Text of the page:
Magazine article The Nation

Just Do It, Nike

Magazine article The Nation

Just Do It, Nike

Article excerpt

The Nike billboard near Crenshaw High School in inner-city Los Angeles boldly proclaims, To Hell With Moral Victories. This is one instance in which Nike advertising may be more truthful than the company intends. According to Forbes, Philip Knight, the co-founder and current C.E.O. of Nike, is now one of the wealthiest people in America -- worth $5.4 billion. Interestingly, however, while this highly profitable, U.S.-based multinational employs hundreds of thousands of people around the world to manufacture sneakers, none of them live in the United States. With more than a 40 percent share of the U S. market for sports-related goods, Nike does not have a single sneaker factory in this country. Like so many other companies, Nike has abandoned US. workers and their families to produce goods in low-wage, developing countries.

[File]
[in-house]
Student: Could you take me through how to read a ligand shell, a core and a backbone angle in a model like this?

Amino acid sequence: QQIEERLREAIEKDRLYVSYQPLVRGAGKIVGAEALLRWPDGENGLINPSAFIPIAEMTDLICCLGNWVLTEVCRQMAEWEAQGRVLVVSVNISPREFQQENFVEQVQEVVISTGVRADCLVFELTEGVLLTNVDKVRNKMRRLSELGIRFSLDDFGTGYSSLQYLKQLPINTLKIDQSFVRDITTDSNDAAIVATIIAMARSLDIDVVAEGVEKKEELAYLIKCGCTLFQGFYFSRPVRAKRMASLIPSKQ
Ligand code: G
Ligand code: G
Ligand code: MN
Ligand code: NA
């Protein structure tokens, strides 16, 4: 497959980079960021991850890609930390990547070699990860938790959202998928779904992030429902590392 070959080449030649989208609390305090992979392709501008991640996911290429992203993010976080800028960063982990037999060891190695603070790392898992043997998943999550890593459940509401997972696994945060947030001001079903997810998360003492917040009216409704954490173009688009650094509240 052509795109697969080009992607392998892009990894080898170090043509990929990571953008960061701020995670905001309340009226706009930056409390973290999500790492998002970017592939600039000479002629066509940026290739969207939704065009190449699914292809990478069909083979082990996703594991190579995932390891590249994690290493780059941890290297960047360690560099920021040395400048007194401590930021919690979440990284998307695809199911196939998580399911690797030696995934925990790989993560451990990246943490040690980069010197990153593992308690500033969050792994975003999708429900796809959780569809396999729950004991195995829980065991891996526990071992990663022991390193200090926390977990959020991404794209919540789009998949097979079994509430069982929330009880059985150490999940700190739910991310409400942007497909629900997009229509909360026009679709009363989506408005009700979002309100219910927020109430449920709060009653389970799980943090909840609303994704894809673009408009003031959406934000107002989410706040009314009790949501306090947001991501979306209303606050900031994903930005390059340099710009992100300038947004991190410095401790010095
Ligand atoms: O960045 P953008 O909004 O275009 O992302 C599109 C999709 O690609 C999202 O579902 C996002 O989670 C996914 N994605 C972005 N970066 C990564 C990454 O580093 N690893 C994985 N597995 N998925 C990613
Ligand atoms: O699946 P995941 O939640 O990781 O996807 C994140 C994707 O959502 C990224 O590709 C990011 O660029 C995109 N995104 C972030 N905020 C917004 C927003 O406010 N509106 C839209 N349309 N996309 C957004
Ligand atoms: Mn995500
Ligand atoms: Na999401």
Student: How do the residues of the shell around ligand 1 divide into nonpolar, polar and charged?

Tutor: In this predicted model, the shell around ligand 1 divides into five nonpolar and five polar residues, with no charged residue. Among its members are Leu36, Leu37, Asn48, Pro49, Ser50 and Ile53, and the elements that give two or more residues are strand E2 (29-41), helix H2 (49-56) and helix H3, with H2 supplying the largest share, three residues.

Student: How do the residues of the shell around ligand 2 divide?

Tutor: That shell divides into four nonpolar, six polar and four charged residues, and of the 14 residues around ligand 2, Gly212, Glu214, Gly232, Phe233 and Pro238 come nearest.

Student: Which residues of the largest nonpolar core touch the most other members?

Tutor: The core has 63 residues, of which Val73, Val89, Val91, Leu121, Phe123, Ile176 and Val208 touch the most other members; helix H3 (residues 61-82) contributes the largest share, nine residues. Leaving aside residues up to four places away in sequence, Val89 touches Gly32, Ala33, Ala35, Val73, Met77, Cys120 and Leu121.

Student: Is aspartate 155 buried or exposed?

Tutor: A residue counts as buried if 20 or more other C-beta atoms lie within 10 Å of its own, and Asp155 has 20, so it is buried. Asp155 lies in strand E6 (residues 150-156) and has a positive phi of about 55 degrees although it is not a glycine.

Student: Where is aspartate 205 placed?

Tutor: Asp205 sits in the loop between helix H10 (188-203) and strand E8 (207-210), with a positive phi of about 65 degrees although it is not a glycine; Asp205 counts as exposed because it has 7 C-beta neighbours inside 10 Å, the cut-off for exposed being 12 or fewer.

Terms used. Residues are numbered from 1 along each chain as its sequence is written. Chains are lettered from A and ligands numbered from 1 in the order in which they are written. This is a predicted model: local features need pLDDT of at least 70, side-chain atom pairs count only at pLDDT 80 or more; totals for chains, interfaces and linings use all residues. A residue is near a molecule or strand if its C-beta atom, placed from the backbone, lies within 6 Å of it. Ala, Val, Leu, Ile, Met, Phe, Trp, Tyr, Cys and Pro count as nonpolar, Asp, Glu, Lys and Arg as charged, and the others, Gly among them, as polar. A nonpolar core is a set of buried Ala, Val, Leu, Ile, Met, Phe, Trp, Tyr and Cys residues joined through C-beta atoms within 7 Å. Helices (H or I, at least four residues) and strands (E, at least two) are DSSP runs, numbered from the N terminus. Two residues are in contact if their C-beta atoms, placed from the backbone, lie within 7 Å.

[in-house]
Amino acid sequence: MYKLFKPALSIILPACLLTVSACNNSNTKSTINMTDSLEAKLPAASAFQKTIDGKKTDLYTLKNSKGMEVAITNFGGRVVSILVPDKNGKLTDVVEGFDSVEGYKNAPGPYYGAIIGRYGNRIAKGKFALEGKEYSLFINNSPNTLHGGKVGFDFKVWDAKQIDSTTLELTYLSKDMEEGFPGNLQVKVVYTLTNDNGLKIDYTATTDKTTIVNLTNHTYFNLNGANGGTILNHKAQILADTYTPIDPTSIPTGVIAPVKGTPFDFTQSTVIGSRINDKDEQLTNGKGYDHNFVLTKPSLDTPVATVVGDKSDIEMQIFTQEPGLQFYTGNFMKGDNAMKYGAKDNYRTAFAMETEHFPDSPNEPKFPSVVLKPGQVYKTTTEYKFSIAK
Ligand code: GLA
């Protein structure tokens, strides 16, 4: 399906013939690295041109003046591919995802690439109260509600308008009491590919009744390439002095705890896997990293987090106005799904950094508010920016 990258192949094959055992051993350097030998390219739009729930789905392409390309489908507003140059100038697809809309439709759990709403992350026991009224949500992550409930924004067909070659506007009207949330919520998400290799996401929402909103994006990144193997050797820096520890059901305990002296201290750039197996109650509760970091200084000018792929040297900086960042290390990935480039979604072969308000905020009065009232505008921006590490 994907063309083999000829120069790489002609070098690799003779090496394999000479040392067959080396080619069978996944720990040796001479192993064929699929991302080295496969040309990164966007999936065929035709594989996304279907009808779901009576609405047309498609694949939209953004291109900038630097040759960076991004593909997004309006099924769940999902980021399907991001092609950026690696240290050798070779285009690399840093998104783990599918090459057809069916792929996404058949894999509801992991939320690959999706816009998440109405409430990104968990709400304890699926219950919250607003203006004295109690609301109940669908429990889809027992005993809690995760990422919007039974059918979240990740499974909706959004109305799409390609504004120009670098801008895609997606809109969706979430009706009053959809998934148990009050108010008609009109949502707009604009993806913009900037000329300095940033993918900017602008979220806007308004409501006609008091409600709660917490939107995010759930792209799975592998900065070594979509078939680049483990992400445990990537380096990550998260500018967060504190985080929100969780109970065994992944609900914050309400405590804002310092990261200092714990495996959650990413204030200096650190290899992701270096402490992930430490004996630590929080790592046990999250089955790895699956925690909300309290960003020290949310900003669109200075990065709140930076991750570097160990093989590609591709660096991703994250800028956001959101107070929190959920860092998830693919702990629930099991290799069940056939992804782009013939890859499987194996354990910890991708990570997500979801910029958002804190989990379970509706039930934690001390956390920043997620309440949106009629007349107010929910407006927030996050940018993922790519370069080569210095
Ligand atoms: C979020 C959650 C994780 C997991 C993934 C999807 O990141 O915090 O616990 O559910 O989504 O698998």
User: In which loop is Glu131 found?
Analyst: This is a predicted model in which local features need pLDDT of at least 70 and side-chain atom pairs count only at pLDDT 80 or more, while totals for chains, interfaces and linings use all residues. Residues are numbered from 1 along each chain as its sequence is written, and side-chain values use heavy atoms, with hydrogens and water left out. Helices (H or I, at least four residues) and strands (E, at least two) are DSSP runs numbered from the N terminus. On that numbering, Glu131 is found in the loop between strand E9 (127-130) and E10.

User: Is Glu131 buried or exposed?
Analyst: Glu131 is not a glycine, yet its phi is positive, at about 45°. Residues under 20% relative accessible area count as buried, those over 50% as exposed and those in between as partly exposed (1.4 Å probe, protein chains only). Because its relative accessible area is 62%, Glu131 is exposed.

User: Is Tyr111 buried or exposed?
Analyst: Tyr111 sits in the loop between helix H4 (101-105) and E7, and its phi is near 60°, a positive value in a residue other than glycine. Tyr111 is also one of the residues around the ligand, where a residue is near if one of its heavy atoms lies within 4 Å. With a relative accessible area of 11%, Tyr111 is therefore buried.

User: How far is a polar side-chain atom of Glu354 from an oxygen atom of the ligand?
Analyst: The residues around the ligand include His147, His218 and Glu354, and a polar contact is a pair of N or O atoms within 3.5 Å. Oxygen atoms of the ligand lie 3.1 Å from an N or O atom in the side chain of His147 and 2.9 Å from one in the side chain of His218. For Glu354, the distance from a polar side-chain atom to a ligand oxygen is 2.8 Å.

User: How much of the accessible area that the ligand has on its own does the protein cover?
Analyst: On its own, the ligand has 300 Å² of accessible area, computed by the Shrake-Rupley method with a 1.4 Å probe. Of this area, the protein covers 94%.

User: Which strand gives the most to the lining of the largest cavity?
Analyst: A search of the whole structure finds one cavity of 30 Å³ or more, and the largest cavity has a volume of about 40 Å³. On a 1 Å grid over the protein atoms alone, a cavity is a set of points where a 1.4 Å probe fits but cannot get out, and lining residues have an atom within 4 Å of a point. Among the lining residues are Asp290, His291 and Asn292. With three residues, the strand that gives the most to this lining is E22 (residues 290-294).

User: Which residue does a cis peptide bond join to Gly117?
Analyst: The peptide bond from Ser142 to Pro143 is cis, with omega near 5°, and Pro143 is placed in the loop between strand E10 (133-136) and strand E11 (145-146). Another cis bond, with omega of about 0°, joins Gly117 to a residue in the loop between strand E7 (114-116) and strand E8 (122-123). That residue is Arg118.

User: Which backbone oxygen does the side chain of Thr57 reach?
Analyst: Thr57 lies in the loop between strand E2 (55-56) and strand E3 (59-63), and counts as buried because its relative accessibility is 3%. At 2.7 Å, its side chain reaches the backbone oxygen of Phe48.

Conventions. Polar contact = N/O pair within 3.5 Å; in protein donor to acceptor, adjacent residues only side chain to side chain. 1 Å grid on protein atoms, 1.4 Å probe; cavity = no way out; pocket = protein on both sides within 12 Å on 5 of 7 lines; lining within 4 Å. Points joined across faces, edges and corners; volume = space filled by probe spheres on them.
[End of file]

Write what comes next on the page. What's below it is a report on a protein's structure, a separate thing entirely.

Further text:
In fact, Nike seems especially fond of doing business in undemocratic countries like China and Indonesia, where the military can be relied upon to crack heads if workers get out of line. Human rights investigators say Chinese workers as young as 13 produce Nike products in conditions akin to forced labor camps, where many have been mistreated, beaten, compelled to work overtime and paid wages below those required by the Chinese minimum-wage law. In addition, an inspection report prepared for Nike by the accounting firm Ernst & Young, recently given to the press by a disgruntled employee, chronicled conditions in Vietnam, where young women toil sixty-five-hour weeks for $10, in air so bad that 78 percent of the employees have respiratory problems. …

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